Commentary: Reducing greenhouse gas emissions from transportation

This guest commentary is by Danny Katz, Executive Director of CoPIRG (Colorado Public Interest Research Group) and Chair of the Denver Streets Partnership. Danny was born and raised in Colorado and lives in NW Denver. He is on LinkedIn and Twitter @dannykatzbc. Find CoPIRG on Facebook @CoPIRG and Twitter @CoPIRG. This piece was originally published at

This fall, the Colorado Department of Transportation (CDOT) is considering a rule that should help them reduce greenhouse gas emissions. To learn more and raise your voice attend this Citizen Academy workshop next week.

You may have heard – transportation is the largest source of greenhouse gas emissions in Colorado. It’s also a leading contributor to the wave of dirty air days that residents in Denver and the North Front Range have experienced over the last few weeks (and years). 

You may have also heard that electric-powered vehicles are cleaner and switching to a 100% electric-powered transportation system is a critical strategy to reducing pollution. It is. 

But electric vehicles aren’t enough for two reasons. 

First, even in the most ambitious scenarios, it doesn’t result in enough air pollution reductions to meet the greenhouse gas targets our state has.

Colorado has a Greenhouse Gas Pollution Reduction Roadmap that calculates how much pollution we need to cut by 2030 to avoid the worst effects of global warming. Basically, we need to reduce climate pollution in the transportation sector  by 12.8 million metric tons (MMT). 

Accounting for pollution reductions from the polices the state has recently adopted and assuming we go from about 40,000 electric cars on the road today to almost 1 million by 2030, and we see zero-emission truck sales increase from less than 1% today to 40% by 2030, we still have a remaining gap in climate pollution that we need to reduce from our transportation system of about 3.3 MMT. 

So assuming we see a huge uptick in electric vehicles in the next nine years, we still need additional pollution reduction strategies that get us nearly a quarter of the total reduction needed.  

The second reason we can’t rely on electric vehicles alone is that we should lift up global warming solutions that not only cut pollution but increase options for people to get around. More options can help increase the safety, accessibility and affordability of our transportation system in ways trading a gas-powered vehicle for an electric-powered vehicle will not.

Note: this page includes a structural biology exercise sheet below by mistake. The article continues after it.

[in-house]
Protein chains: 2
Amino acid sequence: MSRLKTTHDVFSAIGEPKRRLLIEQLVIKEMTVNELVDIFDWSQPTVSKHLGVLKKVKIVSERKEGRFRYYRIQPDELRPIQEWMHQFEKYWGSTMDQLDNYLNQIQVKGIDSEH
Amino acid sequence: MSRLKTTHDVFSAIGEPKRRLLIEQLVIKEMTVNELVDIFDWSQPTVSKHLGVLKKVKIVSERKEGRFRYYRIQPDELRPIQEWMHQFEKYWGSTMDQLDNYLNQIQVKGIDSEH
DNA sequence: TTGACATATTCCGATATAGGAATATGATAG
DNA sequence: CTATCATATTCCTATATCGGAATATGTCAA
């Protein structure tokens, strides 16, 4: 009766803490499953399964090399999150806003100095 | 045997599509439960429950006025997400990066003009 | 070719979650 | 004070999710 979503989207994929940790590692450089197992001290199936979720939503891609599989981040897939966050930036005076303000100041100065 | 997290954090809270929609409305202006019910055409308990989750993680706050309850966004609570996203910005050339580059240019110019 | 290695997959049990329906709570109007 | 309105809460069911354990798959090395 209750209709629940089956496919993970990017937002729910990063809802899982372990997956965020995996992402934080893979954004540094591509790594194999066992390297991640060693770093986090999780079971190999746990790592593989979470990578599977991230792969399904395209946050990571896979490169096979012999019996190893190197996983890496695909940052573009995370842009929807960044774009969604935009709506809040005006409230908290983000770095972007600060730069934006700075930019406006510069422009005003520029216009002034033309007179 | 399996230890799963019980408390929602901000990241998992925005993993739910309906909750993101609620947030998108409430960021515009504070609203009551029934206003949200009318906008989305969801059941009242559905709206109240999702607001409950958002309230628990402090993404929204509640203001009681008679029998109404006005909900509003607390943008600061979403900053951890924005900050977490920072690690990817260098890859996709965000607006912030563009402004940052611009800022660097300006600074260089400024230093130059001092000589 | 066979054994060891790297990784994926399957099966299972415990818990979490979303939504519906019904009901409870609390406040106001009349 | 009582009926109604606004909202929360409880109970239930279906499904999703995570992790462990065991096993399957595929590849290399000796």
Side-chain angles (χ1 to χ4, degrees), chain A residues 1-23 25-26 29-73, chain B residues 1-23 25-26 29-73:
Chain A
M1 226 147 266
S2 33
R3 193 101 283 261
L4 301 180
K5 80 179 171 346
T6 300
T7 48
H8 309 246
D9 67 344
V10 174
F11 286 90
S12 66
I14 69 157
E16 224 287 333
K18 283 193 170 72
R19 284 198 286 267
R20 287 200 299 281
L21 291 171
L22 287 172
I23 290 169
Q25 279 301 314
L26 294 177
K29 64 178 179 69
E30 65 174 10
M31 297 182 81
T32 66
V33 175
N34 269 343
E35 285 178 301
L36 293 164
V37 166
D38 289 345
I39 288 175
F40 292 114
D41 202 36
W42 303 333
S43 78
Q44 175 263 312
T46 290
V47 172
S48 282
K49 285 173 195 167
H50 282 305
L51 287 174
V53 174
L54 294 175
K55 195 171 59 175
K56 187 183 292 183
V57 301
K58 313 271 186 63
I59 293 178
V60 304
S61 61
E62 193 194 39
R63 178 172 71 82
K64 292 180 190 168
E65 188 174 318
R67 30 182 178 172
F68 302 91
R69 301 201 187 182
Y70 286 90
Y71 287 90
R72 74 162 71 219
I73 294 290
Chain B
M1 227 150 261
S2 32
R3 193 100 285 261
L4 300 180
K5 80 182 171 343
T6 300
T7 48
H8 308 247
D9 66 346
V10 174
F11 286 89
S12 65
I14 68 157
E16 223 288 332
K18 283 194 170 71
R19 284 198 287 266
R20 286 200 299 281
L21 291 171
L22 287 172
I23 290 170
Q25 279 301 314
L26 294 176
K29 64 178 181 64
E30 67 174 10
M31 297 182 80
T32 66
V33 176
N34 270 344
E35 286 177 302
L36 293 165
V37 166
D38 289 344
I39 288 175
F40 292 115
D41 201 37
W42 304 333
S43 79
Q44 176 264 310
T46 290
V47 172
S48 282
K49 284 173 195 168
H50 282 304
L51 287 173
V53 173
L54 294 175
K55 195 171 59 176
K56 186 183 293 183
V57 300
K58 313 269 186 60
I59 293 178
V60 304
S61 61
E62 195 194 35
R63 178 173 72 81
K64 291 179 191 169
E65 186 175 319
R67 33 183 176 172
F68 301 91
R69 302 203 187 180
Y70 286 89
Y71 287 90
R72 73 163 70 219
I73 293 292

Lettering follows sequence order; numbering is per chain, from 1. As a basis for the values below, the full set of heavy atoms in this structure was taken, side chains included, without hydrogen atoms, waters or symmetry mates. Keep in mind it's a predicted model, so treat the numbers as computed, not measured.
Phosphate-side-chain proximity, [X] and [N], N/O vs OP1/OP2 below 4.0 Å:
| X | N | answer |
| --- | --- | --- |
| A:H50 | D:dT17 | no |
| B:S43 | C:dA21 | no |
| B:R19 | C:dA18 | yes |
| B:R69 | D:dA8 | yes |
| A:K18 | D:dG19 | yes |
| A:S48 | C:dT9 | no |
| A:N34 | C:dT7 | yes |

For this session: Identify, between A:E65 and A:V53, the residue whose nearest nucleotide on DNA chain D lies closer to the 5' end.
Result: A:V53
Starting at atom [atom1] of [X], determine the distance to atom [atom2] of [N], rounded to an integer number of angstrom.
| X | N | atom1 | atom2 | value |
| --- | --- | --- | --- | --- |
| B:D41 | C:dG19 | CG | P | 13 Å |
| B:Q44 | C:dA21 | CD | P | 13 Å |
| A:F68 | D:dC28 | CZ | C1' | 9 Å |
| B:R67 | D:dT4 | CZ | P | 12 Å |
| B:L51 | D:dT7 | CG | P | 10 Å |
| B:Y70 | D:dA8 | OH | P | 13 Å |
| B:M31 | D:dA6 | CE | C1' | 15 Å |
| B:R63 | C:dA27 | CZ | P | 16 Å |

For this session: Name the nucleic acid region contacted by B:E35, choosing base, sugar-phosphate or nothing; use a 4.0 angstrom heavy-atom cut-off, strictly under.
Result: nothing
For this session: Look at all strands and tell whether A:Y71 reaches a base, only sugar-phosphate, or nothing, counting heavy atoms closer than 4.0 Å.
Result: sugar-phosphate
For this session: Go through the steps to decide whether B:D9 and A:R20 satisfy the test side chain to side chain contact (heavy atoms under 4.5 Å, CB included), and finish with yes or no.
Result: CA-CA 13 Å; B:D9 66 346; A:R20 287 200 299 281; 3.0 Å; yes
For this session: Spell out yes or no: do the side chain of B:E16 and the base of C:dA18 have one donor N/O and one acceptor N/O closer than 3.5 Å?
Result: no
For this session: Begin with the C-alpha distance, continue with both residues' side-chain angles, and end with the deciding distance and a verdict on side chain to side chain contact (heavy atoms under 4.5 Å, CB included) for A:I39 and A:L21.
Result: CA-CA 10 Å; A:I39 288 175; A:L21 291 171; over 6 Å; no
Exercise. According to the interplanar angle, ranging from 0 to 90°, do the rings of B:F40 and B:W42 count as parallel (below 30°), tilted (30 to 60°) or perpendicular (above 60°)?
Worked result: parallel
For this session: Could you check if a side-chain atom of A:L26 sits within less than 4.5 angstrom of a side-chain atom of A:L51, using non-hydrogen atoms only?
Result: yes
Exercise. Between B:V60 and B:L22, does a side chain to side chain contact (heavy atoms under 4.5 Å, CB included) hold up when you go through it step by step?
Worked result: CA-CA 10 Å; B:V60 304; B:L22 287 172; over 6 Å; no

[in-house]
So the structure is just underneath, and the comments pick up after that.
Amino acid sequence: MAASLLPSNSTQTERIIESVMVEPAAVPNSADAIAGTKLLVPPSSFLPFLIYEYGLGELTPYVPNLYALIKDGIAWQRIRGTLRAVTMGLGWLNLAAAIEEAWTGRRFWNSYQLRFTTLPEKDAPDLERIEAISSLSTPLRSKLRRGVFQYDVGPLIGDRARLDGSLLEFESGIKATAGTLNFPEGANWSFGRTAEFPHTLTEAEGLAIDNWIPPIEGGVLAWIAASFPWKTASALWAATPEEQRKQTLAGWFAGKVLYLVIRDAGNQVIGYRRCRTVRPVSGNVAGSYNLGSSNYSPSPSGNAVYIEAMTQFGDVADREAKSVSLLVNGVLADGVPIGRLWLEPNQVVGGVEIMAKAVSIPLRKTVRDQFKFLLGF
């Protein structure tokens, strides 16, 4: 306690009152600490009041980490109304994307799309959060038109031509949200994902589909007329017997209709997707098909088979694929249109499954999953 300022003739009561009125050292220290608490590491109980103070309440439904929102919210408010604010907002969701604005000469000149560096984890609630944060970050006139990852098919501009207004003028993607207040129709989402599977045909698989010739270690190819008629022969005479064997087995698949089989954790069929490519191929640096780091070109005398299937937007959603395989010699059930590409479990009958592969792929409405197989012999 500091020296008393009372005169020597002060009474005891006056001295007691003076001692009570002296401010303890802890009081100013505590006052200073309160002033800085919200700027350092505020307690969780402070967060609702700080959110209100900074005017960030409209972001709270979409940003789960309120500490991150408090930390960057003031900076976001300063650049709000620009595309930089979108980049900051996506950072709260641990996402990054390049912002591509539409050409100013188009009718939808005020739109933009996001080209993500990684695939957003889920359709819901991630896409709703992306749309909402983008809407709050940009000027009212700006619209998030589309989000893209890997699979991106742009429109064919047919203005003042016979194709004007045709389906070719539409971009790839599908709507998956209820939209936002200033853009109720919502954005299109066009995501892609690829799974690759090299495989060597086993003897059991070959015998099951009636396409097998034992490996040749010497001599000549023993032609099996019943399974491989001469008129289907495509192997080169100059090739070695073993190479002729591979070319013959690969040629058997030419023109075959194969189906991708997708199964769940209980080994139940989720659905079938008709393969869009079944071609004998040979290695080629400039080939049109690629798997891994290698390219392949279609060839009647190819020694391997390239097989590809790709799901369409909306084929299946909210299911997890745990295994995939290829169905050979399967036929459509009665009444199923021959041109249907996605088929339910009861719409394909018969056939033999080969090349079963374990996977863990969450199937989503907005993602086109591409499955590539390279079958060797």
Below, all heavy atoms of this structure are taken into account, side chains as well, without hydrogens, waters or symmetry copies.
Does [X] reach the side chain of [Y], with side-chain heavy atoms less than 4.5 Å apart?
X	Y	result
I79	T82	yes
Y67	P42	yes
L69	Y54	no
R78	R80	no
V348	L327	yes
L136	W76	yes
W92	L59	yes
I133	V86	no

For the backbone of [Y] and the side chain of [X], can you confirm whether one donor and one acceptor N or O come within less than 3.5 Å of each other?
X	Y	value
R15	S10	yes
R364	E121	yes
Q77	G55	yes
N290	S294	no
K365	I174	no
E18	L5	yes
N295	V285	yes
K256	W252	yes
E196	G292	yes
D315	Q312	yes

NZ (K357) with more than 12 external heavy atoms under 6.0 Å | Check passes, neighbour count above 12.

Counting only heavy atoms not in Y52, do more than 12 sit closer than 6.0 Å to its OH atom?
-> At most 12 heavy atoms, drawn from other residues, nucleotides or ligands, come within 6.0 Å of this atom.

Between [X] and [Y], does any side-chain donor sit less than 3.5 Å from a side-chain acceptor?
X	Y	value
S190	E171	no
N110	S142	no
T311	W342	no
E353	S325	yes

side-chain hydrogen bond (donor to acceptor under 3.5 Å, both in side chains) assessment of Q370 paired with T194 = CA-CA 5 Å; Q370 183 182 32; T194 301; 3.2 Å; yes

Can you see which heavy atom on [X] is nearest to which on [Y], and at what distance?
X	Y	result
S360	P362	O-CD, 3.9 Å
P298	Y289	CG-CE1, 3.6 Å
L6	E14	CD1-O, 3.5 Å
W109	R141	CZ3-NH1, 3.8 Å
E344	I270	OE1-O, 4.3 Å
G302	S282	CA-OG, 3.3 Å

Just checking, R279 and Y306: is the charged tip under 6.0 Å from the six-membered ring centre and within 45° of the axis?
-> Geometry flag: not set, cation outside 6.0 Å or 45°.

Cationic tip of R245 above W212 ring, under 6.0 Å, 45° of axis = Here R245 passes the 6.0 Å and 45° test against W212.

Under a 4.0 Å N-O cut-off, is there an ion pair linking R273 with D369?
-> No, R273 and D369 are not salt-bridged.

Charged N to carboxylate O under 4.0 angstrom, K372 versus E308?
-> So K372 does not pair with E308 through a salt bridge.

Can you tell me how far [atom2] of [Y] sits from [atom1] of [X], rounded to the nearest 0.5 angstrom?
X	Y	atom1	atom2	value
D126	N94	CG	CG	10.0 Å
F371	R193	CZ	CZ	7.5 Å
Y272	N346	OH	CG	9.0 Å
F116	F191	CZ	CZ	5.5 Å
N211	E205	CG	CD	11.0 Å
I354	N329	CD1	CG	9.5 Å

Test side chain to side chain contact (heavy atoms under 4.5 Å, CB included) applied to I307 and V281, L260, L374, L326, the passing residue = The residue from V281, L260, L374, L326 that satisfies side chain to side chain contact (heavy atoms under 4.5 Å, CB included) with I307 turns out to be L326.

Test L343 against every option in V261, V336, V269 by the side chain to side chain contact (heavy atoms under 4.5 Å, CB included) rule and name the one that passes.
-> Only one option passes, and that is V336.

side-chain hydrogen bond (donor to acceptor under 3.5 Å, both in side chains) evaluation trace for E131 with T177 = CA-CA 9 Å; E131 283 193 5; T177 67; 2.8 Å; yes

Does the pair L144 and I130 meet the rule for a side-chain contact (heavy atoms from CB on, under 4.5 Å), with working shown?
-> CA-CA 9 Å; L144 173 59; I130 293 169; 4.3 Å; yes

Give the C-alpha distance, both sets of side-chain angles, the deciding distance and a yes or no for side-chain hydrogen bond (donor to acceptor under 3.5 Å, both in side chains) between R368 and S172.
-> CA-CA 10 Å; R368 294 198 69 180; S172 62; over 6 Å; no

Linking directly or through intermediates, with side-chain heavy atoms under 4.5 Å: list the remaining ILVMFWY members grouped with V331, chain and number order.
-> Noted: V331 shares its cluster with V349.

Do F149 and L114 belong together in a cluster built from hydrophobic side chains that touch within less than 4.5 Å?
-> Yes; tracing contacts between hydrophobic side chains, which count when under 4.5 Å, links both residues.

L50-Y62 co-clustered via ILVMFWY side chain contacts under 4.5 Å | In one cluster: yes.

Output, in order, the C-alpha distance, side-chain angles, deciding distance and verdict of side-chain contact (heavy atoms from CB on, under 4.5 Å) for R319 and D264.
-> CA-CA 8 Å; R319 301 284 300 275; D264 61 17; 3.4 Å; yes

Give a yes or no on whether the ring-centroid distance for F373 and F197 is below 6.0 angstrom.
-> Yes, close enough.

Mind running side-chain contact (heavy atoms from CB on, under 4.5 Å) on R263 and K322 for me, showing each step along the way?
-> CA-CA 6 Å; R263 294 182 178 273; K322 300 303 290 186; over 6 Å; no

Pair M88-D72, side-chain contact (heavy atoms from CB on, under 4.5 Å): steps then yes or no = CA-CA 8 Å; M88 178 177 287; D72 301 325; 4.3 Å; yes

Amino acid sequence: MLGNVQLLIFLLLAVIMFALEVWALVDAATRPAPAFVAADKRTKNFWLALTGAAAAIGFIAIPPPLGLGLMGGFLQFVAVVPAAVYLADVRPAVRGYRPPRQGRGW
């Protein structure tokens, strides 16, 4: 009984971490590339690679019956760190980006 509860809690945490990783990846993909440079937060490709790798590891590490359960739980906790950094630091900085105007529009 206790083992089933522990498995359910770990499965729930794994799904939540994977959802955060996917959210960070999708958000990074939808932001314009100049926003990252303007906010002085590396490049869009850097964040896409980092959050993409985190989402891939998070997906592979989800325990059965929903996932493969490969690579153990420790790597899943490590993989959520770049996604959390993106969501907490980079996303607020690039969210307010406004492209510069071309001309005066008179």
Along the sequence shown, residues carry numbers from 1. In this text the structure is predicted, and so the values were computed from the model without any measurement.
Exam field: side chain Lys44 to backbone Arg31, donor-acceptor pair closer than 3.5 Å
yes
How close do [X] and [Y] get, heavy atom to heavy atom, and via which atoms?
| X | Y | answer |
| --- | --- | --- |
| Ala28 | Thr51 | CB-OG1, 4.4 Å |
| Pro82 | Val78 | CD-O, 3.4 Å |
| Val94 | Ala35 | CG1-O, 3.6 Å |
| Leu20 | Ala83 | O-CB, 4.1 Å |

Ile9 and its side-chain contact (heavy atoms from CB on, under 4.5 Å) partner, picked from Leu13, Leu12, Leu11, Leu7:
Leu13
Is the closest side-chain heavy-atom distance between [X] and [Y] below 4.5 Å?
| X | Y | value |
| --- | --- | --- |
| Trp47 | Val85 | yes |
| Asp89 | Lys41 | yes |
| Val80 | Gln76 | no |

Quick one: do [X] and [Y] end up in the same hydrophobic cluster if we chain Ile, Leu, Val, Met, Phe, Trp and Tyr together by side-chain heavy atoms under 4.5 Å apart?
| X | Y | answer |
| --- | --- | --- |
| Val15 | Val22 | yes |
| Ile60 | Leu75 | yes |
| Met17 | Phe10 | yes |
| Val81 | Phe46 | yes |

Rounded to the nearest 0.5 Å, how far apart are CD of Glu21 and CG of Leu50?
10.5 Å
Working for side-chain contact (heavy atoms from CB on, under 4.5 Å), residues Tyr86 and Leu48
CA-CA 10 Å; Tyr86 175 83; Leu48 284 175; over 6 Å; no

More options means world-class transit like buses that come every 10 minutes with dedicated lanes free from traffic that move you quickly to where you need to go. It has simple, low fares (or even fare free) and nice bus stops safe from the elements that recruit you to ride. 

More options also means communities are designed and built in ways that you can safely walk and bike to complete many of your trips. 

You may not have heard of the CDOT Greenhouse Gas Pollution Standard rulemaking, but if you want to see a better transportation system, you should get involved with the decision making process and lift up your voice. 

On August 13, CDOT will release a new rule that could be voted on on November 18th. Done right the rule will put into place guidelines on the state level (for CDOT) and on the local level (for planning entities like DRCOG) for accounting for greenhouse gas emissions in transportation projects and making decisions that prioritize projects that bend our pollution curve down. 

There will be public hearings in the fall and ways for you to submit public comments. We all need to engage.

This is a big deal. It’s the first time that greenhouse gas emissions and global warming solutions will be lifted up in such a focused way by CDOT. It’s possible electric vehicle adoption strategies will be part of the mix. But it’s critical we use this moment to emphasize solutions that expand options for people to get around.

We need to do what’s needed to tackle climate change. But let’s make sure we’re focusing on the ways we can tackle climate change by transforming our transportation system into one that’s cleaner, safer, more affordable, and more accessible for everyone. 

Learn more and get involved at next week’s Citizen Academy workshop.